Congress cuts LIHEAP — because giving billions to the rich is no fun unless you also get to screw the poor

Congress cuts LIHEAP — because giving billions to the rich is no fun unless you also get to screw the poor December 18, 2011

Susie Madrak notes that the shutdown deal in Congress cuts winter heating aid for low-income families.

I used to be confused as to why LIHEAP was always among the first programs on the chopping block when states or the federal government wanted to cut the budget.

LIHEAP, the Low-Income Home Energy Assistance Program, helps low-income families pay the heating bill.

Congress just cut the program by 25 percent — or $3.5 billion. Every one of those dollars would have gone to keep a poor family warm in the winter, meaning that those families wouldn’t have KEPT any of it. Every dollar of that funding would have quickly passed through the hands of those families and gone directly to big corporations — first the utility companies, then the energy companies that supply them.

And that’s why these cuts confused me. I figured that, very roughly speaking, we’ve got two kinds of lawmakers: the kind who like welfare programs for the poor and the kind who like corporate welfare. LIHEAP is both of those things. Every dollar of it does double duty — the poor make it through the winter and big corporations get handed billions of dollars of taxpayer money. Win-win. Everybody’s happy.

But then in 2007 I watched the financial crisis happened and the powers that be sprang into action to rescue the banks — as they absolutely ought to have done. The global financial system had ground to a halt and the world’s economies were teetering on the brink until the Treasury and the Congress slapped together the TARP and bailed out the faltering banks with $700 billion.

At the time, this seemed like an outrageous surprise. But it did have to be done. If not for the TARP, or Troubled Asset Relief Program, the jobs crisis we’re still stuck in would likely have been even more severe. But while the banks had to be saved, they didn’t necessarily have to be saved in that way.

The banks were given the money to make up for expected losses from “toxic assets.” Those toxic assets were things like home mortgages from homeowners whose houses were suddenly worth far less than the cost of the loan.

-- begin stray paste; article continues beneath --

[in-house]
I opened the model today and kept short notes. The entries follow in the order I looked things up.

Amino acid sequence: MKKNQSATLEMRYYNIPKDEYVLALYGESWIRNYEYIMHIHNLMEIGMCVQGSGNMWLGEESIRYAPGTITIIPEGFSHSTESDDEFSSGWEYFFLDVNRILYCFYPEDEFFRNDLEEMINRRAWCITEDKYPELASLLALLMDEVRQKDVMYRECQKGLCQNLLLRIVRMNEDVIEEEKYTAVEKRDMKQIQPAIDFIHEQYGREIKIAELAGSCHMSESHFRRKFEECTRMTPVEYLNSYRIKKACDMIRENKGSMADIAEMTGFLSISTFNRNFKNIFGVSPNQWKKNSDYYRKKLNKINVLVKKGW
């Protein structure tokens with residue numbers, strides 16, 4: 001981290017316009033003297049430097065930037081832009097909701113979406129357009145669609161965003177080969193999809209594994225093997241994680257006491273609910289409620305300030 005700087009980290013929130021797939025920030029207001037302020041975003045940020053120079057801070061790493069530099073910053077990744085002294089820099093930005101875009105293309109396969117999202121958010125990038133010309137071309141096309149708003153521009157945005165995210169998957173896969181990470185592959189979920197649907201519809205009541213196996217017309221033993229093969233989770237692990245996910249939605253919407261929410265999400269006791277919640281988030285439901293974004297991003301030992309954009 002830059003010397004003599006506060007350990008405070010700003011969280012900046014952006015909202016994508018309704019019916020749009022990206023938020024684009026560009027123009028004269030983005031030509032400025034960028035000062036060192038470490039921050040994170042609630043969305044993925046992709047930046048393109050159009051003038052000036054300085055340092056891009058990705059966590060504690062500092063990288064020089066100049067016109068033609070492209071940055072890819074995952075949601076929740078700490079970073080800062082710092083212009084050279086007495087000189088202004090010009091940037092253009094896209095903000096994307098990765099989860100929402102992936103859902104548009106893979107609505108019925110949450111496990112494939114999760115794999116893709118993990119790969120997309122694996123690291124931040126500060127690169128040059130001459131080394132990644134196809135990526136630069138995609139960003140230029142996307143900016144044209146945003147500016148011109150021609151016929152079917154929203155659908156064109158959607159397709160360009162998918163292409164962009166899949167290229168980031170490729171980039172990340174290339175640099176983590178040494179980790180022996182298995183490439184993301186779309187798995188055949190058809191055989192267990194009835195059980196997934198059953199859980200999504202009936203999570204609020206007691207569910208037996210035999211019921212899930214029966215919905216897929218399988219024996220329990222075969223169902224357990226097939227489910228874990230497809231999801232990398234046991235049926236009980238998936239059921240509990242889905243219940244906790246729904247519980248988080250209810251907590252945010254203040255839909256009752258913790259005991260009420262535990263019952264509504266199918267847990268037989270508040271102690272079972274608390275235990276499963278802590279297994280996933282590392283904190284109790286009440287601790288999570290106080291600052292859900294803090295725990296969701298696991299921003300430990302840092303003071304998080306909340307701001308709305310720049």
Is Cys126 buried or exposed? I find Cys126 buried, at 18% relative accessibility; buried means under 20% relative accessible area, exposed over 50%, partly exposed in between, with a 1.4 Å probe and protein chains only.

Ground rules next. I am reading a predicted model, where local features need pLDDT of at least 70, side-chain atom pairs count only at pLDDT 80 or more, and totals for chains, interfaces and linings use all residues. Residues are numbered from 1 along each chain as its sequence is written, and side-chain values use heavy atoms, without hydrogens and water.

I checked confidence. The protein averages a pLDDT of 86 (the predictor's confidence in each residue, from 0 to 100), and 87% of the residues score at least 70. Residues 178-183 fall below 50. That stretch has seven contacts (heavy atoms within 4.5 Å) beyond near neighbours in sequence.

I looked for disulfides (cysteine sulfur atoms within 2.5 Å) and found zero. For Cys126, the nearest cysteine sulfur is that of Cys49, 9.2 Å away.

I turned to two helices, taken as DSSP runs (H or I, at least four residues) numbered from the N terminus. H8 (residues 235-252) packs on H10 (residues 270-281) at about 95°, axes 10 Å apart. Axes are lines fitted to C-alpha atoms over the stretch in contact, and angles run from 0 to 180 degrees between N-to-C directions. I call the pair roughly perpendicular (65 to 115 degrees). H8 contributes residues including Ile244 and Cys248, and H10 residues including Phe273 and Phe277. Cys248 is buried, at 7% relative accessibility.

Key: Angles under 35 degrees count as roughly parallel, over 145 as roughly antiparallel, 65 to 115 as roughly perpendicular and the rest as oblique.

So there were two ways to bail out the banks. We could have given a chunk of that $700 billion to those underwater homeowners, turning those “toxic assets” into just plain assets. That money, like LIHEAP funds, would have passed quickly through the hands of those homeowners and on to the banks.  And thus, like LIHEAP, the TARP would have solved two problems at the same time — simultaneously lifting underwater families out of debt and bailing out the banks.

But instead, the TARP funds went directly to the banks. Thus the banks got bailed out, but the homeowners are still in debt.

And I realized that this is how it works.

We had to help the banks without helping the homeowners — help the creditors without helping the debtors — for the same reason that LIHEAP is always first in line for budget cuts. Because, for the people running the show, it’s no fun giving billions of dollars to the super-rich unless you’re also screwing over the poor.

This was, after all, how the tea party started — with CNBC’s Rick Santelli ranting against mortgage modifications for homeowners left underwater after the housing market collapsed.

“How many people want to pay for your neighbor’s mortgages?” Santelli screamed. “It’s time for another tea party.”

And that, ladies and gentlemen, is why we can’t have nice things.


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